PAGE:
We've sent space probes to Jupiter; they take two and a half years to get there if we send them on a straight Hohmann transfer orbit, but we can get there a bit faster using some fancy orbital mechanics...
The Kuiper belt, domain of icy wandering dwarf planets like Pluto and Eris, extends perhaps another 30AU, before merging into the much more tenuous Hills cloud and Oort cloud, domain of loosely coupled long-period comets.
Now for the first scale shock: using our handy metaphor the Kuiper belt is perhaps a metre in diameter. The Oort cloud, in contrast, is as much as 50,000 AU in radius — its outer edge lies half a kilometre away.
Got that? Our planetary solar system is 30 centimetres, roughly a foot, in radius. But to get to the edge of the Oort cloud, you have to go half a kilometre, roughly a third of a mile.
Next on our tour is Proxima Centauri, our nearest star. ...But Proxima Centauri is a poor choice, if we're looking for habitable real estate. While exoplanets are apparently common as muck, terrestrial planets are harder to find; Gliese 581c, the first such to be detected (and it looks like a pretty weird one, at that), is roughly 20.4 light years away, or using our metaphor, about ten miles.
Try to get a handle on this: it takes us 2-5 years to travel two inches. But the proponents of interstellar travel are talking about journeys of ten miles.
Charlie goes on to quote Ally #1 Bruce Sterling's comments on space colonization:
I'll believe in people settling Mars at about the same time I see people settling the Gobi Desert. The Gobi Desert is about a thousand times as hospitable as Mars and five hundred times cheaper and easier to reach. Nobody ever writes "Gobi Desert Opera" because, well, it's just kind of plonkingly obvious that there's no good reason to go there and live. It's ugly, it's inhospitable and there's no way to make it pay. Mars is just the same, really. We just romanticize it because it's so hard to reach.
To which Charlie responds, "Colonize the Gobi desert, colonise the North Atlantic in winter — then get back to me about the rest of the solar system!"
Space ain't the final frontier. The physical frontier is closed -- as Norman Mailer puts it "shut, damn shut, shut like a boulder on a rabbit burrow" -- and we live now, and probably forever (at least in culturally meaningful terms) in a world of physical limits. And despite promises of medical immortality, it looks like we may not live forever after all, while the smart robots don't seem to be coming to save us.
Some see, in the loss of this Machine Age dream of the conquest of nature and all natural limits, the loss of possibility. That seems silly to me: the possible still lies stretched out all before us. I believe, in the core of my being, that H.G. Wells was right when he said ""All the past is but the beginning of the beginning: all that the human mind has accomplished is but the dream before the awakening" If we survive this crisis, humanity has ahead of it vast seas of time to create and grow and deepen. We may even one day find the technological equivalent of the alchemist's stone, and bend the physical stuff of the universe to our purposes (hopefully without destroying ourselves in the process) -- but in the meantime, we're at home on Earth and staying here, and all good work needs to respect the limitations a single planet places upon our endeavors.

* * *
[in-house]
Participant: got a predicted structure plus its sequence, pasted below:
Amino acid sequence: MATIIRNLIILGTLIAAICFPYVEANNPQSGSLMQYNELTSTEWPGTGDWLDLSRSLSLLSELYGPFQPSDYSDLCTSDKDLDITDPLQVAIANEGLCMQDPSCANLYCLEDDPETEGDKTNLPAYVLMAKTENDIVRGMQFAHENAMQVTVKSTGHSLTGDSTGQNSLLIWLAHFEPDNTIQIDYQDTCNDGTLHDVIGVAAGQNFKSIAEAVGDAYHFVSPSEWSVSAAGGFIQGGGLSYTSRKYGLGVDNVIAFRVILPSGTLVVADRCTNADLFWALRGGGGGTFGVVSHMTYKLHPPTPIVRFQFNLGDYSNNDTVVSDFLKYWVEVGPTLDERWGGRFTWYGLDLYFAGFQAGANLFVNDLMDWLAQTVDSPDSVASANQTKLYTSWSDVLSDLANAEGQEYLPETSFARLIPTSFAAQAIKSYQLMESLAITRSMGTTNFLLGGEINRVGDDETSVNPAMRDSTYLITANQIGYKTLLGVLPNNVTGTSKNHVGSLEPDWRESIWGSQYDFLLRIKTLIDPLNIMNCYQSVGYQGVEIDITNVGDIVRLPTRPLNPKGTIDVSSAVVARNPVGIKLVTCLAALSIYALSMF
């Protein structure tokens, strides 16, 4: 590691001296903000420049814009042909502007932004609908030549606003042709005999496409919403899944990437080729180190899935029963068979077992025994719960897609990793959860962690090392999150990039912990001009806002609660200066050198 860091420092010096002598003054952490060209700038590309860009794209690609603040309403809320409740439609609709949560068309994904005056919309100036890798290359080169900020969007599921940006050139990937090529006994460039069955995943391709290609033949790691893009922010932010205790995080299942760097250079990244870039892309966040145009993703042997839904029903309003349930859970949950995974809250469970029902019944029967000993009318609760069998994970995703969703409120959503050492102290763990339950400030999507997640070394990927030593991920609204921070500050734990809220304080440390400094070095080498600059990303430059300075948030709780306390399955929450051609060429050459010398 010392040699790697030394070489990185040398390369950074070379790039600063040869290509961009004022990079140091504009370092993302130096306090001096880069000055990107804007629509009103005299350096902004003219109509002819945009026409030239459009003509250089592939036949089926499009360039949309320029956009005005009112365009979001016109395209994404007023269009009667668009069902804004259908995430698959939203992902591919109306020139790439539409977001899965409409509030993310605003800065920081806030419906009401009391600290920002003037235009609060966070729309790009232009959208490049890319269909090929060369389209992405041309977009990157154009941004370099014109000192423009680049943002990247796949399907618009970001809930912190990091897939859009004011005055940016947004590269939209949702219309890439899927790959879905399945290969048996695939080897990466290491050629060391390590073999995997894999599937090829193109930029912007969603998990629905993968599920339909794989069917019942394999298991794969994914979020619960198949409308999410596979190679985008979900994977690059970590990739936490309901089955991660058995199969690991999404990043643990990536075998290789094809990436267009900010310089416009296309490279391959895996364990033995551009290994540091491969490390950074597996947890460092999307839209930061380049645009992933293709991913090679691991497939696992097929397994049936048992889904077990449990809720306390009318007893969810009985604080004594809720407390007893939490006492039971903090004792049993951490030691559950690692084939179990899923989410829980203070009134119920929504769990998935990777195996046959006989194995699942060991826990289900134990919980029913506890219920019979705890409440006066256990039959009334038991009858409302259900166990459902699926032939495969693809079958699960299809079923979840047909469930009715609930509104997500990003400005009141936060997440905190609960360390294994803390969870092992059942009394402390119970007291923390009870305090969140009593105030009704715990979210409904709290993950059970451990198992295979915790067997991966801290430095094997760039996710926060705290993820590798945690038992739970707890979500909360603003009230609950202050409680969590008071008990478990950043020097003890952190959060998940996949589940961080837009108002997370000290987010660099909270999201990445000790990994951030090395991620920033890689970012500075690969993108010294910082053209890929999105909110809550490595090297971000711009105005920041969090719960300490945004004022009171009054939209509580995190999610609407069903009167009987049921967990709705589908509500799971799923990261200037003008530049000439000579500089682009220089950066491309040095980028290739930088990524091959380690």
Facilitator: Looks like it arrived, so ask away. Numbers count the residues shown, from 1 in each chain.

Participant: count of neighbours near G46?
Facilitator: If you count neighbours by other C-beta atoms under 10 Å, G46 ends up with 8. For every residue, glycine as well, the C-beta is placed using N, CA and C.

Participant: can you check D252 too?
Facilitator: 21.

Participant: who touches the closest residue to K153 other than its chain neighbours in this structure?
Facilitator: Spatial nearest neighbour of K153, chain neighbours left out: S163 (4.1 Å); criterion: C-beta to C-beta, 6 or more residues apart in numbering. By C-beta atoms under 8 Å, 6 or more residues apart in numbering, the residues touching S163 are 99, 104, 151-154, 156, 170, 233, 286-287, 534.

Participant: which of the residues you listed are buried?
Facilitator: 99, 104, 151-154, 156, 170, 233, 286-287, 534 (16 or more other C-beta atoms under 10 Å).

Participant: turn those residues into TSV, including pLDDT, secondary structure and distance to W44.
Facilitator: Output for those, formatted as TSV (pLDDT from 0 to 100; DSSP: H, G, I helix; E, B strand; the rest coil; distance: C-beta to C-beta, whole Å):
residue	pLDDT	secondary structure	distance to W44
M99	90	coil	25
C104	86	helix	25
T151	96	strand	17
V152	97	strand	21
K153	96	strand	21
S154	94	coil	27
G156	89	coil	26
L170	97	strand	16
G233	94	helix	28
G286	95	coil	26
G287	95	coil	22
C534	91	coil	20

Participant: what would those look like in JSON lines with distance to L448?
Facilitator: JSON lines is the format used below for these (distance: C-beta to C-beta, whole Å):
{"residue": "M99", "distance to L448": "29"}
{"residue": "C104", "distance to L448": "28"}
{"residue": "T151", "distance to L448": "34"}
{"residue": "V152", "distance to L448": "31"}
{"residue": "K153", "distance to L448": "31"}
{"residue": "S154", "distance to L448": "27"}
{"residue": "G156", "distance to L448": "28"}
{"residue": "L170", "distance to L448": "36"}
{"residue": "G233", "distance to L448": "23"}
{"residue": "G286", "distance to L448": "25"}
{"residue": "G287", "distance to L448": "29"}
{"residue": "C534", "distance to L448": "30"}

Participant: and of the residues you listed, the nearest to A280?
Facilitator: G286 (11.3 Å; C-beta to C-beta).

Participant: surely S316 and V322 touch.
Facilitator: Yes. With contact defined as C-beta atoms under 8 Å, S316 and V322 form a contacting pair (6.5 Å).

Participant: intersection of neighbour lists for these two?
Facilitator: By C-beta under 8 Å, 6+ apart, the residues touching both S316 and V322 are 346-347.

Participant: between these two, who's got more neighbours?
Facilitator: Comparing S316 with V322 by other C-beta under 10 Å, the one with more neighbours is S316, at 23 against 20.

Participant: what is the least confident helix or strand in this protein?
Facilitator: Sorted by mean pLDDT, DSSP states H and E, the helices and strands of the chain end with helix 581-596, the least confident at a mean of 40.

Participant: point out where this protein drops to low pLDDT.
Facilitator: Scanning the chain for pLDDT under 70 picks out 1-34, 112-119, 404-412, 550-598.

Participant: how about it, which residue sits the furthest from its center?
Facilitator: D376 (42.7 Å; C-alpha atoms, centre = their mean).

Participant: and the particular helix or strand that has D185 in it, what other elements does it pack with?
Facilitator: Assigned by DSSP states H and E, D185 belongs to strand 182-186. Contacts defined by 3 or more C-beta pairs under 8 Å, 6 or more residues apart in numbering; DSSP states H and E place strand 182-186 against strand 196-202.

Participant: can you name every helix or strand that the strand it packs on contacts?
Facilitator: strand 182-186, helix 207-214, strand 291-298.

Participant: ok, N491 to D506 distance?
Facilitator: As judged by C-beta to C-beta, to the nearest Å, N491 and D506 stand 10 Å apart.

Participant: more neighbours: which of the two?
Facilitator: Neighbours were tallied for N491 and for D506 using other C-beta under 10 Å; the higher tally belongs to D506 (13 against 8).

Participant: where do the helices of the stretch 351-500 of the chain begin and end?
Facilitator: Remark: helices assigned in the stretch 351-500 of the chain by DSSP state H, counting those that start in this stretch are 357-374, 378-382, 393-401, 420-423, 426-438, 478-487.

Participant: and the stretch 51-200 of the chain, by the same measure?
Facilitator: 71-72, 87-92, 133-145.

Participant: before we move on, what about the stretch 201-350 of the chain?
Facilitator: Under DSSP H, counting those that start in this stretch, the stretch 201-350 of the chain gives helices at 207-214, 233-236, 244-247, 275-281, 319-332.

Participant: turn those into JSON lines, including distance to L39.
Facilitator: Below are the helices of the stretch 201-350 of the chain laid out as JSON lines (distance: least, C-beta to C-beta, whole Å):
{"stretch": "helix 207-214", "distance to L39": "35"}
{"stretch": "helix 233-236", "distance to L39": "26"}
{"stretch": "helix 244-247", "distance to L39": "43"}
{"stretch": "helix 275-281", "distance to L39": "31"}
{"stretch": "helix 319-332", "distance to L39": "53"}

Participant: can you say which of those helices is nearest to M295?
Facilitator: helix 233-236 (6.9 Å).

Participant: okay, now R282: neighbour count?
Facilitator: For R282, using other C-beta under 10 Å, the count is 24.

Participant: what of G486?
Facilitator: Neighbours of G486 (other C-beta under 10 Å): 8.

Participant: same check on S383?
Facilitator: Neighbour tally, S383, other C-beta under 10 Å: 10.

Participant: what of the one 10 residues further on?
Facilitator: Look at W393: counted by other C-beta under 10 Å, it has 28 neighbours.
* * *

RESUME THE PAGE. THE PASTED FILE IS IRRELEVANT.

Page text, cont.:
There is still plenty of room for heroic ingenuity. Just because we disdain the possibility of magical, consequence-free technofixes doesn't mean we don't admire and seek good tools (in fact, quite the opposite, if we're sensible -- realizing that the task is much harder than thought by the technofixers, we realize we'll need every tool we can get our hands on). Similarly, recognizing that space colonization is no answer to our planetary problems doesn't mean that we don't want to explore space, and learn as much about our planet and its surroundings as possible (the whole Greens in Space argument). Indeed, with the explosion of private space tourism efforts, we need to begin thinking seriously about space law. A sustainable civilization will be even more technologically advanced than our own, and remarkably more sophisticated in its thinking about science, technology and progress.
And that's just the point: change has accelerated, just not in the direction our grandparents and great-grandparents expected. We still need to think ahead. Learning to see the shortcomings in these antique tomorrows we're still dragging around with us may make us more intelligent creators of new visions. If we can let go of the way the past saw the future, we may be able to think anew about what is to come.
Limits and Brilliance is part of our month long retrospective leading up to our anniversary on October 1. For the next four weeks, we'll celebrate five years of solutions-based, forward-thinking and innovative journalism by publishing the best of the Worldchanging archives.
As we work to survive and thrive within limits on Earth, we need a vision of limitlessness. Solving Earth's problems is not the point of colonizing space. Exploration (which implies human presence) is the point. Exploration of, say, Mars can be done much better by colonists than by travelers from Earth because of the very time scales discussed in the essay.
Difficulty is not the point here. (Yes, Kennedy didn't quite nail that one.) Going to a new place is the point. If individuals want to establish sustainable settlements in the Gobi Desert or the North Atlantic, great. But these aren't new places in the way that the Moon and Mars are new places. Let's face it, space exploration is stirring in a way that almost no possibility in the modern world is.